Author Contributions

Conceptualization, X.R. and Y.W.; methodology, X.R. and Y.W.; validation, X.R. and Y.W.; formal analysis, X.R.; investigation, X.R. and J.W.; resources, J.W., Y.W., Y.M., Z.Y. and G.Z.; writing—original draft preparation, X.R.; writing—review and editing, X.R., Y.W. and B.Z.; visualization, X.R. and Z.Y.; supervision, Y.W.; project administration, X.R., Y.W. and J.W.; funding acquisition, J.W., Y.W., Y.M., B.Z. and G.Z. All authors have read and agreed to the published version of the manuscript.


This study was supported by the National Key Research and Development Project (No. 2018YFE0110400), Foshan Science and Technology Innovation Project of Guangdong Province (No. 2130218003140), Guangdong Special Support Program Project (No. 2021JC060580) and National Natural Science Foundation of China (No. 21978102 and No. 22278156).

Institutional Review Board Statement

Not applicable.

Informed Consent Statement

Not applicable.

Data Availability Statement

Not applicable.

Conflicts of Interest

The authors declare no conflict of interest.


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Figure 1. Schematic diagram of heterotrophic-autotrophic denitrification reactor.
Figure 1. Schematic diagram of heterotrophic-autotrophic denitrification reactor.
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Figure 2. Performance of the system during the different stages: (a) the concentration changes of NO3-N, NO2-N, NH4+-N in the effluent, and the removal of TN; (b) the concentration changes of S2− and SO42− in the effluent, and the removal of S2−; (c) the concentration changes of COD in the effluent, and the removal of COD.
Figure 2. Performance of the system during the different stages: (a) the concentration changes of NO3-N, NO2-N, NH4+-N in the effluent, and the removal of TN; (b) the concentration changes of S2− and SO42− in the effluent, and the removal of S2−; (c) the concentration changes of COD in the effluent, and the removal of COD.
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Figure 3. Changes in EPS contents and PN/PS ratio at the different stages.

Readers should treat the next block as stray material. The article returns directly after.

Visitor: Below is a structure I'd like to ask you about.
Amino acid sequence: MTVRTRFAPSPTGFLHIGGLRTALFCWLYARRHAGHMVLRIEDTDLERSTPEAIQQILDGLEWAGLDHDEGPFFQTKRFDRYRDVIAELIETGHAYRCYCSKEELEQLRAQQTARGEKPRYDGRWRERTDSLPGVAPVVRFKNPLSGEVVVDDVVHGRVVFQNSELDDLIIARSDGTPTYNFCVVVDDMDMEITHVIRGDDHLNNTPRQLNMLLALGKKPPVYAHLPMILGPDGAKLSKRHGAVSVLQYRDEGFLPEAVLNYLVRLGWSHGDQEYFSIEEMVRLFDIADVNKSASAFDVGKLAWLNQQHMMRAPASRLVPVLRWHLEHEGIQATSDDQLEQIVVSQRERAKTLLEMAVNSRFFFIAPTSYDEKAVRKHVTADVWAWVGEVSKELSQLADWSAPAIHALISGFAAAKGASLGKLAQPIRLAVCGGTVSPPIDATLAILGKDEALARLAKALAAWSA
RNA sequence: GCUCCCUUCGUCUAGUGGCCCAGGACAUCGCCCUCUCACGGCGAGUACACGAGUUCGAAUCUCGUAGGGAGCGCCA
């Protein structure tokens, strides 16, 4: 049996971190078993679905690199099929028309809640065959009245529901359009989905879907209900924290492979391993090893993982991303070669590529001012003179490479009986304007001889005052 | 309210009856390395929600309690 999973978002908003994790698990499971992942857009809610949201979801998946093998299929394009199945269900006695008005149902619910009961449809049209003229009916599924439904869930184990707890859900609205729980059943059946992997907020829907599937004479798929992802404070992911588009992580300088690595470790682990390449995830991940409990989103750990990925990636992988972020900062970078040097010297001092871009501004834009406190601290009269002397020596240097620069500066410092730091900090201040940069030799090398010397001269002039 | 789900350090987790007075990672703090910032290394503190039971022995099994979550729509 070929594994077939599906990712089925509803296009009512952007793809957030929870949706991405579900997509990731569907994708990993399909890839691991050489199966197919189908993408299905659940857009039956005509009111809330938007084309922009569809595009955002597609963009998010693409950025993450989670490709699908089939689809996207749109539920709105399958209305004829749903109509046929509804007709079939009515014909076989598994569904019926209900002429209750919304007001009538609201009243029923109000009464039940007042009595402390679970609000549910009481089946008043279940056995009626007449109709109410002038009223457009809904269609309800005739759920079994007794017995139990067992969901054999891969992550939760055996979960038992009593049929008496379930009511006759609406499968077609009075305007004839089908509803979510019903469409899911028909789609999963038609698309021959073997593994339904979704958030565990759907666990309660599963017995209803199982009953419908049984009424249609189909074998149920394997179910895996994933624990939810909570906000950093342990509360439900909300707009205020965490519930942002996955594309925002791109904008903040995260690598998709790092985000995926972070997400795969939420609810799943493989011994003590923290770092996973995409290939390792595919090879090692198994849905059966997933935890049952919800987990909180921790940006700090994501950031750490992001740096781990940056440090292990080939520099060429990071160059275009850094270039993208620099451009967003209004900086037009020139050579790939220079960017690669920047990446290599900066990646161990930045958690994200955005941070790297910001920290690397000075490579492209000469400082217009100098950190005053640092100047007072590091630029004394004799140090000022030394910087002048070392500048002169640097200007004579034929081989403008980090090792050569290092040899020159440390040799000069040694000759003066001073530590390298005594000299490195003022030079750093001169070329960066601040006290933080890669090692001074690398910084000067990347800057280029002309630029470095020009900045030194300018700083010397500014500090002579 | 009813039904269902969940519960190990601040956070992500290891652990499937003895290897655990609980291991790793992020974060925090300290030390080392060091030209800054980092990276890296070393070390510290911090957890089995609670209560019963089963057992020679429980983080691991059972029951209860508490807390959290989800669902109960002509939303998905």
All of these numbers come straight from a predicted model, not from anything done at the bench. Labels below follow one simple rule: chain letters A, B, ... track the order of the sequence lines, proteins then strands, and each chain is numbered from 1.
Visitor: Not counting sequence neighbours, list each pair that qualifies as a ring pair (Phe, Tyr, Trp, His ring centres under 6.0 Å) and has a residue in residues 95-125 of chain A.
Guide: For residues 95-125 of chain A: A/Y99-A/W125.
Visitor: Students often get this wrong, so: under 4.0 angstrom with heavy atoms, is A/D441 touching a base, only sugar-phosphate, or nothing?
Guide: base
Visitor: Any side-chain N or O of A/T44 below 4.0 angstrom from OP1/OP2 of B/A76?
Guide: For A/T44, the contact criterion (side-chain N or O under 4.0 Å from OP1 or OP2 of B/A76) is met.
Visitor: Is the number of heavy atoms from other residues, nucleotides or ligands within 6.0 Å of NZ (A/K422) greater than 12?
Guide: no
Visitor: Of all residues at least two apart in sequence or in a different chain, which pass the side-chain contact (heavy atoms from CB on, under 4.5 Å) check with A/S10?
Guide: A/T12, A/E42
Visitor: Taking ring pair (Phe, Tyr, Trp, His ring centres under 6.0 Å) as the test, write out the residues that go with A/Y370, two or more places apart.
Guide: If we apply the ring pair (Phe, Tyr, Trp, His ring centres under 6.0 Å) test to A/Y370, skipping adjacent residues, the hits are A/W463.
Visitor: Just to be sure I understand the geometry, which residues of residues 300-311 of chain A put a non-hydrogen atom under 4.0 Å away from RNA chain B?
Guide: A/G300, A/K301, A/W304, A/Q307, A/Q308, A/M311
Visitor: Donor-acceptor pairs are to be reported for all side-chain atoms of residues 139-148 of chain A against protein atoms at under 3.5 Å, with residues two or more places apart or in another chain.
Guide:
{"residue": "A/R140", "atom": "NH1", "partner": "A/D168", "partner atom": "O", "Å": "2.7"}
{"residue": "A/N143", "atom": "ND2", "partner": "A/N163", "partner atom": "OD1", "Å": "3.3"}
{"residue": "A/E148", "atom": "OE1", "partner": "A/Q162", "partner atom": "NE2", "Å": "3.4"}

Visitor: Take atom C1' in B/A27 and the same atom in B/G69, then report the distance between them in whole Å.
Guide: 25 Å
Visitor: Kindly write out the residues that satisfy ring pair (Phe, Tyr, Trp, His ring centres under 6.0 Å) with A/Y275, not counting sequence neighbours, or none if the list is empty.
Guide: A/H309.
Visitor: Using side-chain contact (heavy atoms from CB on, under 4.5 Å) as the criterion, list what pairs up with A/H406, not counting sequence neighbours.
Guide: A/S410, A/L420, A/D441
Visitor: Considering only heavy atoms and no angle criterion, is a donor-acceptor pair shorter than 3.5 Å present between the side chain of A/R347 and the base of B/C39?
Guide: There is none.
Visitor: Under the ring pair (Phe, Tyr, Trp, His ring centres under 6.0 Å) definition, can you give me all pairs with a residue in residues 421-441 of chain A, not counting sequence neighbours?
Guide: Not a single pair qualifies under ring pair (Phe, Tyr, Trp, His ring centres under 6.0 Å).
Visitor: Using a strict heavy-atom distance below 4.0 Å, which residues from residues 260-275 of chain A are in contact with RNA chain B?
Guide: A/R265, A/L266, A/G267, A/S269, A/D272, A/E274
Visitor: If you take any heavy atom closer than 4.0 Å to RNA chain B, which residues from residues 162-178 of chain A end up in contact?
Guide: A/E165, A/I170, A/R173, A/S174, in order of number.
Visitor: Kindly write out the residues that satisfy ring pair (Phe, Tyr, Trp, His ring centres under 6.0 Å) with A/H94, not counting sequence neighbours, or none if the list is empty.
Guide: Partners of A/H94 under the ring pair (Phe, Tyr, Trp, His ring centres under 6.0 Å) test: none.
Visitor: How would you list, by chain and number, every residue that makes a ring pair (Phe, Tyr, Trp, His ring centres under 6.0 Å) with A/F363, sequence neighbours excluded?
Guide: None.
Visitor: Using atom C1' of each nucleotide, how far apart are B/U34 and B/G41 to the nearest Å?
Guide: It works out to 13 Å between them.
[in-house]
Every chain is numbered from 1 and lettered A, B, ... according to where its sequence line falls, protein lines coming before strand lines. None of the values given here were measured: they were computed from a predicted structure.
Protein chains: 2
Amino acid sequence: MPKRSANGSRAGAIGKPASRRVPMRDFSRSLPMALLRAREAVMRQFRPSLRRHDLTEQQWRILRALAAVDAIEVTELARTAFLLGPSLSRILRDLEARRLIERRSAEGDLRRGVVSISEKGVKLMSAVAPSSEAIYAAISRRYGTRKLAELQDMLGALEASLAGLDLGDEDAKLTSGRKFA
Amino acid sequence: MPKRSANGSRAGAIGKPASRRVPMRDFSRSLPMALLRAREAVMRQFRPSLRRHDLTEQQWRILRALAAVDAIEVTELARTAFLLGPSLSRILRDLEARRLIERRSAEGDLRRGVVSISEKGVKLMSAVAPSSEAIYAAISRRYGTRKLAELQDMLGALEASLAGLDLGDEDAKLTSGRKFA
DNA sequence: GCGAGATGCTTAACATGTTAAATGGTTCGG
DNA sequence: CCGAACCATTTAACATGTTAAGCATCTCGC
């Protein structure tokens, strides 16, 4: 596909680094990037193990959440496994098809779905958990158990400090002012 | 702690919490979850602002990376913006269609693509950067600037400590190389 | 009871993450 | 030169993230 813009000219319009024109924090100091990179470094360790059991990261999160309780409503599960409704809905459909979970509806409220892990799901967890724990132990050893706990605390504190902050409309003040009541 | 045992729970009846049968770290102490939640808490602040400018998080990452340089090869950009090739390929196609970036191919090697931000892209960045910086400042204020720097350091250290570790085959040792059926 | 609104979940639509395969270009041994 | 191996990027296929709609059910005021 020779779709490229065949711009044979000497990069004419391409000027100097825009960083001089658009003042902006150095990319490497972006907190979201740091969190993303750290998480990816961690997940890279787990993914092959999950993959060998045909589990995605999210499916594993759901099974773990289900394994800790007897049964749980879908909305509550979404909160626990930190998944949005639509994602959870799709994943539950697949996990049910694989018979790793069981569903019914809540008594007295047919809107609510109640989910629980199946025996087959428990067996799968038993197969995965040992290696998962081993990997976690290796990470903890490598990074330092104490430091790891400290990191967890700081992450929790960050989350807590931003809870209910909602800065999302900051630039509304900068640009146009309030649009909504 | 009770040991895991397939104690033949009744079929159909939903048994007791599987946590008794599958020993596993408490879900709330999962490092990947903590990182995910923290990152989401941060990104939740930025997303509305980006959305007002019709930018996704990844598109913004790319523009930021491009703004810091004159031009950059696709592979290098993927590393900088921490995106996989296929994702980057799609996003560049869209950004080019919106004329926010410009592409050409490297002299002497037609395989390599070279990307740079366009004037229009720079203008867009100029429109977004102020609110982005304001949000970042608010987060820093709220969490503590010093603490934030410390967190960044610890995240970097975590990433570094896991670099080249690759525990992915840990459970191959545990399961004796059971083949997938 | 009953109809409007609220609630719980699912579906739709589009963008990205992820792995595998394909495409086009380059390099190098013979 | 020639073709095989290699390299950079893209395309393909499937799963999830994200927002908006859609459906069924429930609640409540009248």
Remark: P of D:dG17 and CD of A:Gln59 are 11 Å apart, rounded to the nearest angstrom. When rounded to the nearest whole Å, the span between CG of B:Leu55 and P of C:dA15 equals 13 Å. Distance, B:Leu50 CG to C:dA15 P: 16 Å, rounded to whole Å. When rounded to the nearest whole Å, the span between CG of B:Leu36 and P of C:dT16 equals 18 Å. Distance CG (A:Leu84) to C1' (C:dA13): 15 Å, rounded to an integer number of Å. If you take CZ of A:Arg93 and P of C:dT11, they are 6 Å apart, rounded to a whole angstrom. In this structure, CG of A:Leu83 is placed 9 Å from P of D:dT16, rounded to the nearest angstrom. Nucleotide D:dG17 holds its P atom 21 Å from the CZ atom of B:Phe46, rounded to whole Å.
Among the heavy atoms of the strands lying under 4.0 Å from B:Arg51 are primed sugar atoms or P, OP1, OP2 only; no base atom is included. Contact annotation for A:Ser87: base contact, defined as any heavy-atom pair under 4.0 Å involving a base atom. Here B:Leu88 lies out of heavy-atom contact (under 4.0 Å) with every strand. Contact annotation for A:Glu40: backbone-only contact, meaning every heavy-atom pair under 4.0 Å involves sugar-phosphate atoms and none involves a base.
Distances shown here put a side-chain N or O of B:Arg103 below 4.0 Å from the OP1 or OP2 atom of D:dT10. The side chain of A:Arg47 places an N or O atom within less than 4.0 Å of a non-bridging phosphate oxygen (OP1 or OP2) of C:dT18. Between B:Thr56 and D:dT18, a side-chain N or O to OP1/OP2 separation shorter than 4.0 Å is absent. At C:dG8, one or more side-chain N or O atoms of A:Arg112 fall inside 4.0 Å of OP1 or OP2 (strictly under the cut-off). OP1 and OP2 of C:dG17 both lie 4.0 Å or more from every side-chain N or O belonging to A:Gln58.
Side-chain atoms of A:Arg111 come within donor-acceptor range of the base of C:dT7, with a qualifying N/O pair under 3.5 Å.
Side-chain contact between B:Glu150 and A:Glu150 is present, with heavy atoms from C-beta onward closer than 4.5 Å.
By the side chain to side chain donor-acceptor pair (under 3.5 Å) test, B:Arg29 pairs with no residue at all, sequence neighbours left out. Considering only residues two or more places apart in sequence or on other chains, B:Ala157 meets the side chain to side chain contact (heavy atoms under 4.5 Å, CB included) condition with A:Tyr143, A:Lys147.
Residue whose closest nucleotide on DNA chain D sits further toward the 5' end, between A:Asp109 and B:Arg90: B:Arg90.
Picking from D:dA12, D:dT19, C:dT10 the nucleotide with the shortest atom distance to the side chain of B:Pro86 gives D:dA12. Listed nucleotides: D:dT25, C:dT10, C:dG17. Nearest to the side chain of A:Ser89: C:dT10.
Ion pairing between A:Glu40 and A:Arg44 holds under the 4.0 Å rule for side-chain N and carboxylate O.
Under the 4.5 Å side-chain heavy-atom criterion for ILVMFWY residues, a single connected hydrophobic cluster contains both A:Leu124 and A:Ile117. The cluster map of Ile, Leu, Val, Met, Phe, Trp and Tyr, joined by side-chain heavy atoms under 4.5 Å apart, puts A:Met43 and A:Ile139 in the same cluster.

Figure 3. Changes in EPS contents and PN/PS ratio at the different stages.
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Figure 4. Bacterial community structures at the phylum (a), and at the genus level (b), during the operation.
Figure 4. Bacterial community structures at the phylum (a), and at the genus level (b), during the operation.
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Figure 5. Nitrogen metabolic pathways (a) and the functional genes of nitrogen metabolism at different stages (b).
Figure 5. Nitrogen metabolic pathways (a) and the functional genes of nitrogen metabolism at different stages (b).
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Table 1. Influent conditions of the UASB reactor during different stages.
Table 1. Influent conditions of the UASB reactor during different stages.
StageNitrate-N (mg/L)COD
S2− (mg/L)TP (mg/L)HRT
I (1–30 d)301000543.33-
II (31–60 d)301005543.330.17
III (61–90 d)3010010543.330.33
IV (91–120 d)3010020543.330.67
Table 2. Alpha diversity index at the different stages.
Table 2. Alpha diversity index at the different stages.
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Ren, X.; Wang, Y.; Wan, J.; Yan, Z.; Ma, Y.; Zhang, G.; Zhu, B. The Nitrogen Removal Performance and Functional Bacteria in Heterotrophic Denitrification and Mixotrophic Denitrification Process. Water 2022, 14, 3603.

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Ren X, Wang Y, Wan J, Yan Z, Ma Y, Zhang G, Zhu B. The Nitrogen Removal Performance and Functional Bacteria in Heterotrophic Denitrification and Mixotrophic Denitrification Process. Water. 2022; 14(22):3603.

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Ren, Xinghao, Yan Wang, Jinquan Wan, Zhicheng Yan, Yongwen Ma, Guihua Zhang, and Bin Zhu. 2022. "The Nitrogen Removal Performance and Functional Bacteria in Heterotrophic Denitrification and Mixotrophic Denitrification Process" Water 14, no. 22: 3603.